As Janey gets older, I seem to do more and more comparing of her teen years to mine.  I mostly enjoyed my teens.  I liked high school, I made some great lifelong friends, I was fairly happy.  That's how it is in my memory, anyway.  I think about Janey's life and feel sad that it's so limited.  She doesn't have friends.  She doesn't do anything with anyone but family.  To her, a big day is one with a car ride and a Happy Meal.  I want more for her.

To get some real world perspective, I decided to dig up an old diary and look at what my life was actually like at Janey's age.  I didn't write anything on my 14th birthday, but I found the next entry after that, about two weeks later.  It was interesting to read.  My life was not exactly a stream of exciting events.  I wrote that in World History, we played "new games" with Jud the Jester.  Who exactly Jud the Jester is is lost to history, although I sort of remember that new games were a thing for a while, non-competitive games, but what that had to do with world history is unclear to me.  I almost fainted in Health.  I do remember that---and I almost fainted again remembering it, how we were learning about compound fractures, complete with a photo.  I watched an After-School Special.  Although I didn't note which one it was, a quick bit of research showed it was "Where Do Teenagers Come From?"  My sister Carrie had her friend Ruthie over.  That was my day.  It sounds about typical for my earlier teens.

The most interesting part was what I wrote after I wrote about the day's events.  Here it is---"There are a lot of things that happen that I don't write in my diary.  Just mostly because I want to forget them, not remember them.  Nothing awful, you know, just not remember-type things."  That hit me.  Not that I remember what those things were, so I guess not writing about them worked, but it hit me that we do edit our memories.  A lot of life is just---living.  And some of life isn't great, not for anyone.  Somehow, realizing that made me feel better about Janey's life.  It's not a typical life, but I think most of the time, she's happy with it.  If she were able to write a diary about today, or about a school day, as I did, I imagine that it wouldn't be that different than mine---what happened in classes, what she watched on TV, a few things that get stored in long term storage memory like the almost fainting, and other things that get purposefully or not kept out of memory.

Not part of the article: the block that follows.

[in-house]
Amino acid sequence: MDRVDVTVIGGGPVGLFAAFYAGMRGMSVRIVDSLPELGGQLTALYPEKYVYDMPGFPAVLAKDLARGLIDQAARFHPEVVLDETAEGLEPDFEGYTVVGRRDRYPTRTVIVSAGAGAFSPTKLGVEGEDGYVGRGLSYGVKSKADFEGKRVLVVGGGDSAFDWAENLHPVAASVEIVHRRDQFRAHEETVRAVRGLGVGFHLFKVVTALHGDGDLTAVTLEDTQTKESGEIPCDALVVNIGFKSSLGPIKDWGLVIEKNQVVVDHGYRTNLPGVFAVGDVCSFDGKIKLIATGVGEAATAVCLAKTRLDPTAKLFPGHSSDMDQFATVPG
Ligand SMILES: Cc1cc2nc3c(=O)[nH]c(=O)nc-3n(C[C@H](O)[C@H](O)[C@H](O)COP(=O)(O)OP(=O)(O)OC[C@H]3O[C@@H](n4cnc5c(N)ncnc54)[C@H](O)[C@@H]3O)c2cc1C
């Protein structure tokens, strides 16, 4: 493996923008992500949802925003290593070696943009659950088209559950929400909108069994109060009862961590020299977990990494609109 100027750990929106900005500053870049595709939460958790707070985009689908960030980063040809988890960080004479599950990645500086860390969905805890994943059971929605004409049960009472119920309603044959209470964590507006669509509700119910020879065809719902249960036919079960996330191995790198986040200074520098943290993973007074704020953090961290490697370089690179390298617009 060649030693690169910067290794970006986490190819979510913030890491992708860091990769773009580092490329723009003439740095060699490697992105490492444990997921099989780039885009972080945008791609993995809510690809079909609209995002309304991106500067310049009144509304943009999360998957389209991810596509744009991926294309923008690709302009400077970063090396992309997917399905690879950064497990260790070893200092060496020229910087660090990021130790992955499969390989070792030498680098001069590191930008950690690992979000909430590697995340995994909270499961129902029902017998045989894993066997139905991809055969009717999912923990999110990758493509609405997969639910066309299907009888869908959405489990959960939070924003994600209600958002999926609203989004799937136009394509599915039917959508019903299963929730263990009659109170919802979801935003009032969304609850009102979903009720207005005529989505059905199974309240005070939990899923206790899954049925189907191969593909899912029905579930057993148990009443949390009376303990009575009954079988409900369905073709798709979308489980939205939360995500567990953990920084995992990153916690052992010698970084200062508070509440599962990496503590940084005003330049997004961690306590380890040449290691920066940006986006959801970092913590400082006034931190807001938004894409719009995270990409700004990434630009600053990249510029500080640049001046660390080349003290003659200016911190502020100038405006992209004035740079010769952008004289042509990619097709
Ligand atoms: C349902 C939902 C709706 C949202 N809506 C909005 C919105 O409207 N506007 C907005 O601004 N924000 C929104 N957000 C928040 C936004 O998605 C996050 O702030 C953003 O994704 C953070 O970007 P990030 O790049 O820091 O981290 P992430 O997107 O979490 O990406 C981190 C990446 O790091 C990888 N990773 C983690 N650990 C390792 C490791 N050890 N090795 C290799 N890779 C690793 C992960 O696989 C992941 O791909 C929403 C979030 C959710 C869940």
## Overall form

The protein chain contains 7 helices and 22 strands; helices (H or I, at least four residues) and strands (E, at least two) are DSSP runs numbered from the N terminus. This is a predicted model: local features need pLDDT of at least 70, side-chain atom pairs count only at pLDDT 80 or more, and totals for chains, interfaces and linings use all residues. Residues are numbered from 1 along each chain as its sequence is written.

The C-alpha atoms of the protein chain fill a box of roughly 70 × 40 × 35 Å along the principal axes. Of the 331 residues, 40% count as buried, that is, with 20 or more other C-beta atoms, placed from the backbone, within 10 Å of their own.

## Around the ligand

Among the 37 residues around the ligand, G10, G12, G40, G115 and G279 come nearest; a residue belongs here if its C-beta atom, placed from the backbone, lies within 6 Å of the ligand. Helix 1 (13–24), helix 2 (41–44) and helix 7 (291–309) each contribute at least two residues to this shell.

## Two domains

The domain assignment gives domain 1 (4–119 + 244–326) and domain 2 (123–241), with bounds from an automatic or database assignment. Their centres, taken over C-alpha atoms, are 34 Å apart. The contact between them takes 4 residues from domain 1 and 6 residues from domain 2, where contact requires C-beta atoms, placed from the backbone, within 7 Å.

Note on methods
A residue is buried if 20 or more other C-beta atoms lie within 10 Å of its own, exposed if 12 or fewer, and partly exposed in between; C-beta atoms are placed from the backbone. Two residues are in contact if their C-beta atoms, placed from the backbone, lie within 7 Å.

Janey is not me.  She wouldn't be me, even if she wasn't autistic.  She is her own person.  She doesn't hesitate to let us know what she likes or doesn't like.  I am glad of that.  She's happier today than I remember her being on any other birthday, because she is doing the things she likes.

And so, as Freddy joins his brother William in full adulthood, I'll keep trying to give Janey the best teenage years I can---her own version of good years, not mine.

Thursday, August 2, 2018

Still Screaming After All These Years

This afternoon was hellish.  There is no other word for it.  The morning wasn't any piece of cake either, but things really kicked into gear this afternoon.  It's hot as, well, hell, about 98 and humid.  Janey didn't sleep well last night, and although she slept in some this morning, we all are tired.  I left to go to my therapist about 10:45---the one time in the week that is just for me to rant, as I tell him.  As I left, Janey was screaming for a car ride.  Freddy was staying with her.  I told him if it got to be too much he could call me and I'd come right home (it's right around the corner).  He was a trooper and handled her.  When I got home, feeling refreshed from getting out of the house for once and having some time to vent, I was determined to do just what Janey needed to keep her happy.